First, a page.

But what is the harm in talking to someone at your local bar? What is the harm in chatting up the bartender on a slow night when you’re dining at the closest thing Americans have to communal tables, the bar itself? Don’t be weird, but why not talk to someone new?

Ever since my first solo day trip, I’ve been fortunate to meet a few kind strangers on outings alone. Even on one of my worst nights ever (that I mention briefly in my 30 Days of Thanksgiving post), I spoke to the bartender, tried all sorts of his specialty drinks for free, and spoke with a newly wed couple who were absolute joys. I love kind strangers, you get the best stories from these encounters.

Montepulciano, 2017

Walking through Florence alone at 6am to a part of the city I’ve never seen before was pretty frightening, not going to lie. Market stalls were closed and the only figures out and about were likely there from the night before. Luckily, I’m a pretty no B.S. lady when I’m armored up to go out alone. When I arrived at my destination I felt like such an outcast: I was meeting up with a travel group of European Erasmus students. In case that wasn’t obvious: I was an American study abroad student. Therefore, I was the only American on the trip. I even still have the Erasmus card they gave me with my name scribbled on it in blue ink. I found two girls who seemed to know each other and asked if I could tag along with them. They heard my accent and the flood gates opened.

“Why are eggs white in America?” Girl, you’re not missing anything. “Oh my GOD have you seen that movie? Talladega Knights? I love Ricky Bobby.” I couldn’t stop laughing. We spent the whole day together. I learned that they were linguistic studies students from Scotland part of the Erasmus program which gave students grants to live and study throughout Europe. They were responsible for finding rental apartments and even jobs, very unlike American study abroad programs that could arguably be seen as vacation in comparison. We road buses through the Tuscan countryside and drank wine in Montepulciano. I’m friends with them on Facebook, but I never saw them in Florence again.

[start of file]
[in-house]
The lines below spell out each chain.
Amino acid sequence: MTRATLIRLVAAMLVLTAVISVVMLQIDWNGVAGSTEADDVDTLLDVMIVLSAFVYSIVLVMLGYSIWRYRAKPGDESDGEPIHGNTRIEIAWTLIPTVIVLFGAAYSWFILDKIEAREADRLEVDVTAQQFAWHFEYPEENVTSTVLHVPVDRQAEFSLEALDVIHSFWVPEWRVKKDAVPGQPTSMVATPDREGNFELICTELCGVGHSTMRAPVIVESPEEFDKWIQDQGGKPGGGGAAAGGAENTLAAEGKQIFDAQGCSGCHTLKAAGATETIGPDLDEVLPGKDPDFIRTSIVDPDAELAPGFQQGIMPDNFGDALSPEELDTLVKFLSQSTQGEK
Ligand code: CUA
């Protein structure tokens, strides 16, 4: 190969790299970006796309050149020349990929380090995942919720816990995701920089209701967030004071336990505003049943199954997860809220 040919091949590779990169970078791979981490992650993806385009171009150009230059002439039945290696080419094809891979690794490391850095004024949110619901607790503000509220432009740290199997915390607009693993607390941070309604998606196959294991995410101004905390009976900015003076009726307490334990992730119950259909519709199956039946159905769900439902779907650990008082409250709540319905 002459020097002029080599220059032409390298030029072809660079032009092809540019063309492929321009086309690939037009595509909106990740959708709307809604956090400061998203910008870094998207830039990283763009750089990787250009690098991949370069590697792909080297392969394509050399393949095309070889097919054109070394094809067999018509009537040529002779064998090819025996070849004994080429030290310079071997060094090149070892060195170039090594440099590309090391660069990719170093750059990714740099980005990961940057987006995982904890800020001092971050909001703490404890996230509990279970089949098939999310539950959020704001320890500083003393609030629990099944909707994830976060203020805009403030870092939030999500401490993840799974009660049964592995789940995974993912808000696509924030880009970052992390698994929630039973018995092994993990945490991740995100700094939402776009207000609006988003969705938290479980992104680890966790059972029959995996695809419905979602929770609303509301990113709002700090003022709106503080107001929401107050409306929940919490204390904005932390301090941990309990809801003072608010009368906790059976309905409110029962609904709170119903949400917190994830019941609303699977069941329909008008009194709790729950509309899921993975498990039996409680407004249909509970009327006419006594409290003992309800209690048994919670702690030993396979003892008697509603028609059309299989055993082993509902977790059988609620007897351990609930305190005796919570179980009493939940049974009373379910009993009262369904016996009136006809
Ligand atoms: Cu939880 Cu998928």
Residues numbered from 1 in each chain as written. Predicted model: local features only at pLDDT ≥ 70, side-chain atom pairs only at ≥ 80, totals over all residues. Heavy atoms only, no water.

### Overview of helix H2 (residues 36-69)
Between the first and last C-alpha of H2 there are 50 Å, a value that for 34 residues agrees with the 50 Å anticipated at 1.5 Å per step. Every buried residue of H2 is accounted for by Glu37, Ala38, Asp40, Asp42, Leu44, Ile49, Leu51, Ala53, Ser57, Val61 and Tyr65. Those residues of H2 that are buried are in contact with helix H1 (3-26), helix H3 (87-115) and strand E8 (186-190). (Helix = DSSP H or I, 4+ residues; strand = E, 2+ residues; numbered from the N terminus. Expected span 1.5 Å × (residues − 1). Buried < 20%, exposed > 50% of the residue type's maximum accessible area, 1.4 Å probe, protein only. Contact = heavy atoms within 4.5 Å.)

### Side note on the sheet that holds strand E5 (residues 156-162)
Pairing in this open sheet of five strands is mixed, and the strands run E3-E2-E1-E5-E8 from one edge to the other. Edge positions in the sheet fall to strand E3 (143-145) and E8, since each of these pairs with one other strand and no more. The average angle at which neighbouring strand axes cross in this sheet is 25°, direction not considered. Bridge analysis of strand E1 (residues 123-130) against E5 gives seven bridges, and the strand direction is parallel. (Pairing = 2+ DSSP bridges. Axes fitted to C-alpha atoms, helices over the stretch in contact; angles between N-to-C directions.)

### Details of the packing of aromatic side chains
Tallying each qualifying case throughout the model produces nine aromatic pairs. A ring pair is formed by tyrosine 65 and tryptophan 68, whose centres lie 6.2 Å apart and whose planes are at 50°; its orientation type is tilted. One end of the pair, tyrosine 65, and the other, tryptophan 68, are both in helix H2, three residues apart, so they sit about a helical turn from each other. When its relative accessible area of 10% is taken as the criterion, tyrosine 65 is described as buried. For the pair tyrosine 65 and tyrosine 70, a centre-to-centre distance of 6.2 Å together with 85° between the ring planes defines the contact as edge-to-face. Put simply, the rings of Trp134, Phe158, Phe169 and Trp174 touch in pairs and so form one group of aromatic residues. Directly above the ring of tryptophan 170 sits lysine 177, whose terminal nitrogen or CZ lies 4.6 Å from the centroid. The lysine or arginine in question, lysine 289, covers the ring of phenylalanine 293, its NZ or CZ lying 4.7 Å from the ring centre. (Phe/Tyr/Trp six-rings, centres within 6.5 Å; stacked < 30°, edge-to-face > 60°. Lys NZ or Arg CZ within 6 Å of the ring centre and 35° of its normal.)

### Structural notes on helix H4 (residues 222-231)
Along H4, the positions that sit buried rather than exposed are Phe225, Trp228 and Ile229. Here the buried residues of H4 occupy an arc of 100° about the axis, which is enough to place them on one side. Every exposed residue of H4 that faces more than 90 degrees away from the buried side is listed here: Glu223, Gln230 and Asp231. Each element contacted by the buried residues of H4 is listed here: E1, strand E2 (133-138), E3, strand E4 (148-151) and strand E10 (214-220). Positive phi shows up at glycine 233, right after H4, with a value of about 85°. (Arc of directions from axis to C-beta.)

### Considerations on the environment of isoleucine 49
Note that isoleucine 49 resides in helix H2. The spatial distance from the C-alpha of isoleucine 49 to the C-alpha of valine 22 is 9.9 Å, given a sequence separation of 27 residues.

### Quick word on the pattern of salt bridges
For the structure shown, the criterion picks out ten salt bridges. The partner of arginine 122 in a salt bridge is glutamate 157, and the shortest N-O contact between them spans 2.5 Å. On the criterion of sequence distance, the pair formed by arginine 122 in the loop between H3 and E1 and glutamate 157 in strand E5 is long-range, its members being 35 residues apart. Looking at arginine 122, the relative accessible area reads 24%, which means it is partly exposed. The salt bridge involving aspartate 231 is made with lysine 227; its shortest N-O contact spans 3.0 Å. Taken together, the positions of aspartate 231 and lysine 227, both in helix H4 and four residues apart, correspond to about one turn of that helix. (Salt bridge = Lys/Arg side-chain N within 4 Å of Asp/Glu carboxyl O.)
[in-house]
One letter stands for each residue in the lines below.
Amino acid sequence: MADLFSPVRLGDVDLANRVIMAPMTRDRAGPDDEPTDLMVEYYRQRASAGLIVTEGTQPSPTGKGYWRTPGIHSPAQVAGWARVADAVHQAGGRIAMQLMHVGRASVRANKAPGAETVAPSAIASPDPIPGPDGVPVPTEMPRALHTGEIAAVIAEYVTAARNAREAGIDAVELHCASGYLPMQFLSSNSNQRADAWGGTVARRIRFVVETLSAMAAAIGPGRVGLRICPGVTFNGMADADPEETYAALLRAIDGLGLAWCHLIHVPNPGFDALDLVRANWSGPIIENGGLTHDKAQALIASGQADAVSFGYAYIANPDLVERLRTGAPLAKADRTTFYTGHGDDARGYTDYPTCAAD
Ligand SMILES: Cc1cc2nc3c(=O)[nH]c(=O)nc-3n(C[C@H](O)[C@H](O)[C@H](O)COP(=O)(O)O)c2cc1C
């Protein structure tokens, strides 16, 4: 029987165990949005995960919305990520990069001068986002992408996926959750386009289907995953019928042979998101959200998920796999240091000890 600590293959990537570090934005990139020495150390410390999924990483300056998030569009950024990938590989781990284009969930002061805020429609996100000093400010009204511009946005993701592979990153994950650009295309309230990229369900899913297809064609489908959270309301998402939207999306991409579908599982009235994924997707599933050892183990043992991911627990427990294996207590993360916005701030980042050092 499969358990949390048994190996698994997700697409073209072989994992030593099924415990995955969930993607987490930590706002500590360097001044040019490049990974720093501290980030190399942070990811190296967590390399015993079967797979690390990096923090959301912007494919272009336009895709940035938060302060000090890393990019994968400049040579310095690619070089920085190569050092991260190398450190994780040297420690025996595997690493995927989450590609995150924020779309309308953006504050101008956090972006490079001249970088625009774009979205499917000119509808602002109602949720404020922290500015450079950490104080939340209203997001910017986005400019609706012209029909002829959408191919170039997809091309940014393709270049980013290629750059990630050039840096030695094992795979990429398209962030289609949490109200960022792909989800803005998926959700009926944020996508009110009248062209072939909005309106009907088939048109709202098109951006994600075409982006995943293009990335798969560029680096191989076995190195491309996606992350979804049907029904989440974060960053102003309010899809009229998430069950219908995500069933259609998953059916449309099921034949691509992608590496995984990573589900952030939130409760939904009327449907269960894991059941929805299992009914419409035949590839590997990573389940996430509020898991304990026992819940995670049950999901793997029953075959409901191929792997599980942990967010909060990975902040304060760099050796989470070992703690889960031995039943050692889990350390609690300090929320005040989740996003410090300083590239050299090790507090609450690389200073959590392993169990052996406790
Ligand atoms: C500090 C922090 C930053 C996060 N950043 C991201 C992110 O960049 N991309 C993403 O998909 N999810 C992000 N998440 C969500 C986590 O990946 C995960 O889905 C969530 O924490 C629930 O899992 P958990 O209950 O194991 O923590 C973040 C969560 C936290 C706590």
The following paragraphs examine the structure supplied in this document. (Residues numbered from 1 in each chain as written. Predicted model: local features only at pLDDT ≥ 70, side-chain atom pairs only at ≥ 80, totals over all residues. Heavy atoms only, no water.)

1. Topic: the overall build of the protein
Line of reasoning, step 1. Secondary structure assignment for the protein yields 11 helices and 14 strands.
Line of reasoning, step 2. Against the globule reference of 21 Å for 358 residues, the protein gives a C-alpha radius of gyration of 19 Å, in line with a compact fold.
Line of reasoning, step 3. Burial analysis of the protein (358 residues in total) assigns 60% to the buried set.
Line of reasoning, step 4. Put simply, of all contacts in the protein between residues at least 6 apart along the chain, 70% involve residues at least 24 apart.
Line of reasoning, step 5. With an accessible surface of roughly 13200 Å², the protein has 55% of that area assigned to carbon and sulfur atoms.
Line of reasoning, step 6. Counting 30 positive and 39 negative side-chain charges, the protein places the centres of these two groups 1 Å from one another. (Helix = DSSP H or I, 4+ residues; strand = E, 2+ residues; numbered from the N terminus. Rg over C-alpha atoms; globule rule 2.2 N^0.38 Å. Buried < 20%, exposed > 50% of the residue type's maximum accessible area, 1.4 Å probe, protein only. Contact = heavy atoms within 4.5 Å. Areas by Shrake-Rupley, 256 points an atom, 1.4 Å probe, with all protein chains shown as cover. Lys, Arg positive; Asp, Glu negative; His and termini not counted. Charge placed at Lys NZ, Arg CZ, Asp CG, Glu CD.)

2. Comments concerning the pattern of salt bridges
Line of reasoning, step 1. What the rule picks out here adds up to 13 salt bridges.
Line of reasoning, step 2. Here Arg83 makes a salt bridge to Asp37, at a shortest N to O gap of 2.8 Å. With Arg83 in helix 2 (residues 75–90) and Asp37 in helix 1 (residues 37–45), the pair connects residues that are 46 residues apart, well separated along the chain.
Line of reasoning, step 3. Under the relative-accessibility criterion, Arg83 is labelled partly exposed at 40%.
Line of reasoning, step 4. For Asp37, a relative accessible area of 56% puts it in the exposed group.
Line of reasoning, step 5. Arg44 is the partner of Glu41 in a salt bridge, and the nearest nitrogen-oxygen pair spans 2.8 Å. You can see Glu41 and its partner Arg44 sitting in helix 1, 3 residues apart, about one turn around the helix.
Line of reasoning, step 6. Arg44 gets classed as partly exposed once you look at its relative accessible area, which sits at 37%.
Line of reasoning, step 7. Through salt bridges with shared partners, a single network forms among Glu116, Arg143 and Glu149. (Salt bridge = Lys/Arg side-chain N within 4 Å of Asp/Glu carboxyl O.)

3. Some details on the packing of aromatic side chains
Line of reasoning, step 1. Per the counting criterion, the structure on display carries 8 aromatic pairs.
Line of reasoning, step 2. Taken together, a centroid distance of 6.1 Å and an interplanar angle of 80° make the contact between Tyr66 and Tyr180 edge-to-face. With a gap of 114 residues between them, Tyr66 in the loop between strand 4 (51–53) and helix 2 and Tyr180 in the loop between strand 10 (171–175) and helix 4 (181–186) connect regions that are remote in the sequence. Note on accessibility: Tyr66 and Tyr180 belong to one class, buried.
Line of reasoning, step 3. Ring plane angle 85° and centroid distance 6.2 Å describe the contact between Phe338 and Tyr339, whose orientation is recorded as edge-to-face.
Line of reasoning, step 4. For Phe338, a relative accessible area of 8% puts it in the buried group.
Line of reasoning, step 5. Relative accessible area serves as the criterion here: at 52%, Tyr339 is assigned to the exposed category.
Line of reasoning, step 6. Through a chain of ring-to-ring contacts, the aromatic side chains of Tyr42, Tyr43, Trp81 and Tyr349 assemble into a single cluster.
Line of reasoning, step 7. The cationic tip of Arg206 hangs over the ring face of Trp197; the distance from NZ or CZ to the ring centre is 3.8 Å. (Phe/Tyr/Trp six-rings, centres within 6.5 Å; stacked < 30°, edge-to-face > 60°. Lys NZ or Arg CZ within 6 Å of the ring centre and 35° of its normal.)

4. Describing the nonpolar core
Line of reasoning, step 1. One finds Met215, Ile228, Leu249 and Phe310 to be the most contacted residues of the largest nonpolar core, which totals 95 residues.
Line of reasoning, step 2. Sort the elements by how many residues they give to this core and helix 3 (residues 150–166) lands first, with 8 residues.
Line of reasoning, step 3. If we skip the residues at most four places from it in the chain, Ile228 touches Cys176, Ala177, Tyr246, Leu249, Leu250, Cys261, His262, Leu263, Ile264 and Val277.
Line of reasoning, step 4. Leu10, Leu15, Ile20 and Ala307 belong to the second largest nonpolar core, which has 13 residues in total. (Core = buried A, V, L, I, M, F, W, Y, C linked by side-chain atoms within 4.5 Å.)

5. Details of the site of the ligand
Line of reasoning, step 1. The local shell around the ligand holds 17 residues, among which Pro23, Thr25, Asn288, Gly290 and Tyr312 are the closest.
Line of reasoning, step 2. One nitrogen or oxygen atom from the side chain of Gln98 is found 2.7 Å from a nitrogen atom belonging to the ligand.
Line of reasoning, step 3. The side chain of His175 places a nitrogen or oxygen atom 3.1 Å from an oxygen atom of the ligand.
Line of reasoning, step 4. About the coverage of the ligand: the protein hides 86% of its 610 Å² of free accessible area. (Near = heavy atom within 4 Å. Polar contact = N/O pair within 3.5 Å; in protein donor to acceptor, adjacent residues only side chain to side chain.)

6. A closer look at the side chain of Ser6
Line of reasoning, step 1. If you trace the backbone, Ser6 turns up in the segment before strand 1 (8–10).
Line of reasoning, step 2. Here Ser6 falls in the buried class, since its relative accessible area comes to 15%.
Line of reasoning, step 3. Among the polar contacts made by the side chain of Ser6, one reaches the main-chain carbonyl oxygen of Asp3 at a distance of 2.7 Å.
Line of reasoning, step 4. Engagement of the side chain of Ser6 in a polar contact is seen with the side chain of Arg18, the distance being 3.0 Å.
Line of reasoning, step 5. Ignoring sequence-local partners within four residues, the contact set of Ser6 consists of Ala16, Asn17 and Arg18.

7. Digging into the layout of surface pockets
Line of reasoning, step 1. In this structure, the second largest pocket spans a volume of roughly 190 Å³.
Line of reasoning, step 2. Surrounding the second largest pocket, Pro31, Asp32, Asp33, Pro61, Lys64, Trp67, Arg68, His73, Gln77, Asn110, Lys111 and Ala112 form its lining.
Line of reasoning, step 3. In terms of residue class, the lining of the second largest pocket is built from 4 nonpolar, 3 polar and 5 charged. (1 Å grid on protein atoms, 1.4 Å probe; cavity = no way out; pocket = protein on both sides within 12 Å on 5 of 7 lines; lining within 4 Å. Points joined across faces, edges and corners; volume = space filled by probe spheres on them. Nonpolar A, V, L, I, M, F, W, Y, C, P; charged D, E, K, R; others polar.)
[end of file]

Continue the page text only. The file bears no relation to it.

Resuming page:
Waterbury, 2019

True, this night I was not alone, but it was still a moment spent at an unlikely communal table talking to a stranger. I just wanted wings. We’d stumbled on a place called Ordinary Joe’s and decided we like local dive bars. The place was packed and peanut shells were on the floor. Despite casual Friday at work, I was way overdressed. The only seats were at a communal table with a man drinking beer and waiting for a plate of wings. He said he didn’t bite –  which was true. Doug, this kind stranger, talked to us about the life his immigrant parents worked for in America. He’s a caretaker for a number of mansions in the neighboring town and talked about how Waterbury was once such a gorgeous city with beautiful buildings and parks. It’s now something forgotten.

He also mentioned that his mother makes hand made cavatelli for a restaurant nearby, and we should go there and mention that “Doug sent us.” He bought us two High Lifes, told me to marry Nick, and then sped away on his motorcycle.

Woodstock, 2016

The day after election day left a good chunk of people distraught. We all know this. And this particular day I had an interview for an internship up in Woodstock, NY. I got dressed, put on a black shirt in solidarity with students peacefully protesting, and drove almost an hour to my cloudy and grey destination. It was a damp November day. You know the feeling the day after you fall asleep crying hysterically? That’s what the weather felt like. And I was spending time post-interview in the quaint town. I bought a headband and a bandana and I ended up in a small art and incense shop. The shopkeeper said “how are you?” and without thinking I said “good.”

“I’m not,” he said. In that moment, I definitely was not “good.” In fact I was feeling pretty bad, even though my interview went smoothly. He noticed this and said “take some incense, we all could use a little peace today.” We were then chatting. I introduced myself and he mentioned how his wife had traveled to Italy often. “Ci vediamo, it means we’ll see each other,” I said before leaving to fill up on comfort food.

Intentionally burning food was my first sign of true adulthood

food

A timid child, I cried at damn near everything. Couldn’t get the combination in dance class? I cried. Someone made a harmless joke? I cried. I was frustrated easily and fragile beyond help. I was insecure and sheepish for years. That girl is long gone now, but the lingering effects held on in one facet of my life: my cooking. I loved cooking and baking, but I yearned for perfection every time. There were never burnt edges or crispy bits on any of my baked goods or meals, but that resulted in undercooking nearly everything. Setting timers for the minimum cooking time and being the most pesky oven checker were my culinary downfalls. I craved perfection so tenaciously that my efforts had the opposite effect entirely.